The private bank in Asia is still recruiting, even after bringing on board about 100 relationship managers and support staff in the first half, Lok Yim, who runs the Asia-Pacific wealth business, said in an interview. “I don’t think there’s a limit apart from what we can digest,” he said.
Few businesses offers such eye-watering opportunities for global banks right now as catering to Asia’s swelling millionaire class. While Sewing has cut thousands of jobs elsewhere, in Asia he’s locked in a battle with banks from Credit Suisse Group AG to Morgan Stanley for the bankers who can bring in wealthy clients — and generate revenue from them.
“We’ve been having strategy papers with Christian Sewing,” Yim said. “The discussion is about ‘how much more would you like to grow?’" he added.
Since taking over in April, Sewing has announced plans to cut at least 7,000 jobs and retrench in investment-banking areas such as prime finance and U.S. rates. More recently, however, the CEO has talked about the need to expand some operations. Wealth management in Asia, the Americas and Europe has been identified as among the bank’s most important areas for growth, according to its second-quarter earnings statement.
The size of wealth assets under management in Asia is second only to Deutsche Bank’s home market in Germany, though overall growth has been subdued in recent years. Total AUM was 216 billion euros ($251 billion) at the end of June, little changed from a year earlier.
Yim said the bank had a strong first half in Asia with “a lot of client activity in the first quarter that carried momentum into the second quarter." AUM in the region edged up to 51 billion euros at the end of June, from 47 billion euros a year earlier, which Yim said was due to both new money inflows and movement in the value of financial assets.
Yim expressed optimism that the recent hiring of relationship managers will bring more rich clients to the bank. “With new colleagues coming on board we are hopeful that we will, over a reasonable period of time, bring new clients onto the Deutsche platform," Yim said.
Despite recent market volatility, Deutsche Bank is advising its wealthy clients in the region to maintain their investments rather than move into safe havens like cash, Yim said. “We do not feel that this is a time to stay in cash. If anything, we remain fully invested but in a hedged environment."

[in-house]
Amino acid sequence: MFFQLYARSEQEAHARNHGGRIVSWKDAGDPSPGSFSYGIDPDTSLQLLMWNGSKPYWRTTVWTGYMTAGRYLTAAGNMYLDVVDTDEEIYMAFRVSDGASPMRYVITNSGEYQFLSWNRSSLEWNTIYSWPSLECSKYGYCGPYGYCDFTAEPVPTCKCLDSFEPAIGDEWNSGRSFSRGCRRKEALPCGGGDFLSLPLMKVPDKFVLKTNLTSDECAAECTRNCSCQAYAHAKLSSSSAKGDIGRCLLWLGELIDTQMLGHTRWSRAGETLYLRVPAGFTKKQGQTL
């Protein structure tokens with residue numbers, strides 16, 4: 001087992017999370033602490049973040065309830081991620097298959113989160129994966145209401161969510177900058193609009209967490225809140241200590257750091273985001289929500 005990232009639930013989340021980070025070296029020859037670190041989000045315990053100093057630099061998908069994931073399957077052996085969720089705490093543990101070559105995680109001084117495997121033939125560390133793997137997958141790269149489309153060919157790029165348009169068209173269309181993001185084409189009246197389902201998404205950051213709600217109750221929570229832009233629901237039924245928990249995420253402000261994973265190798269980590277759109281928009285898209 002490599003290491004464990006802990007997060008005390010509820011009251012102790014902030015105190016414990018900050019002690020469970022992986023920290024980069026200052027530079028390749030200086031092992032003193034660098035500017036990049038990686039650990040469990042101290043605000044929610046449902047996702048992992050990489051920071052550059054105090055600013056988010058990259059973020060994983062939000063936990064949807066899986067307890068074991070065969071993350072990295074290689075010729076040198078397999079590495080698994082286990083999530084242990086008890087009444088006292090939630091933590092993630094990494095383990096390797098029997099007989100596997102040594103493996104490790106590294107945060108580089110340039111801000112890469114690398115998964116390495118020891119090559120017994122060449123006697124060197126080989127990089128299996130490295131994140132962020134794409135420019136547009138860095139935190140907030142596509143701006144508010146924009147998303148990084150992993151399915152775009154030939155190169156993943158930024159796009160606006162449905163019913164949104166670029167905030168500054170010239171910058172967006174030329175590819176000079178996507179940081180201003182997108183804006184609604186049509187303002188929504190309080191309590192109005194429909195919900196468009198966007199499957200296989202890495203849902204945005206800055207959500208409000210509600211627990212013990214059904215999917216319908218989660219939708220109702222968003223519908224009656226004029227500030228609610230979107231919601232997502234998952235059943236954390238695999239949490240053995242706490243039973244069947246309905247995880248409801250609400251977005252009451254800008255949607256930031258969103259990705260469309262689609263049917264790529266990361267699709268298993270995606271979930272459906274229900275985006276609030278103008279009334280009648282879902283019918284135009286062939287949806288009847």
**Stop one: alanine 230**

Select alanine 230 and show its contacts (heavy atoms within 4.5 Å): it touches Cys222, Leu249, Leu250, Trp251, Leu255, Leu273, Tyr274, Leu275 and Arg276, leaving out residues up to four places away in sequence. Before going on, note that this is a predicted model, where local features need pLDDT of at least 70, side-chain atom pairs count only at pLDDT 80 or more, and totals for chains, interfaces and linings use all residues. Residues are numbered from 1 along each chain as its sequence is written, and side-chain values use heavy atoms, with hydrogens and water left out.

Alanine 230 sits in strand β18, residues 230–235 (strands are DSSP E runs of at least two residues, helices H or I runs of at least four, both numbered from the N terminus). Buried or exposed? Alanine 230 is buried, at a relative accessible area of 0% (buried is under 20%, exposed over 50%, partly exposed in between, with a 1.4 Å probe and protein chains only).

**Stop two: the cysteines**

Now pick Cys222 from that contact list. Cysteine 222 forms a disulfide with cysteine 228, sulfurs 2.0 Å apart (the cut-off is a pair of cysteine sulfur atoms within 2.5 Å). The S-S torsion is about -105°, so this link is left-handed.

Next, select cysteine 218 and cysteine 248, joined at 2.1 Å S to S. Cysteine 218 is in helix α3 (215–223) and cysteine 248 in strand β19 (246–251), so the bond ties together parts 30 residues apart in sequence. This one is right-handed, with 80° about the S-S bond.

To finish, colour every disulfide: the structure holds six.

Yim said he is looking to technology and a focus on certain countries and markets in order to contain costs and “sustain profitability" at a time when he is adding new bankers. For example, the bank has exited the wealth business in Australia and Japan in recent years, and no longer serves European clients from Asia, Yim said.
“We want to grow, but sustainably and safely," Yim said. “But we are not going to hire people for the sake of hiring."
Analysts recommend buying music-streaming stock ahead of debut
Share price a mystery until trading starts on April 3
It’s anyone’s guess what price Spotify Technology SA’s shares will trade at when they debut next week, but that hasn’t stopped analysts from jumping in with buy recommendations.
Four analysts have released bullish research on the music-streaming company this week ahead of an unusual direct listing on April 3.
Atlantic Equities LLP analyst James Cordwell and RBC Capital Markets analyst Mark Mahaney both suggested buying Spotify for its leading role in a global market. But the bulls still disagreed on a price – their targets are 38 percent apart from each other.
Without a traditional initial public offering, Spotify shares have no indicative price range. Instead, the trading price will remain a mystery until existing holders sell shares on the New York Stock Exchange. “With no shares being offered, supply seems to be the greater unknown,” MKM Partners LLC’s Rob Sanderson said in his buy-rated initiation note. “We are anticipating unusual trading dynamics in the days and weeks following the April 3 listing and are unsure how long before adequate liquidity will be established.”
In December, 20 months into the top job at Germany’s Innogy AG, Peter Terium unveiled a 3 billion-euro plan to transform the utility into a provider of electric car technology, digital networks, and offshore wind farms. His goal, he said, was to become “a trailblazer of change. We do not wait to see what happens. We set trends.” Terium didn’t need to wait long to see what happened. A week later, he was out of a job.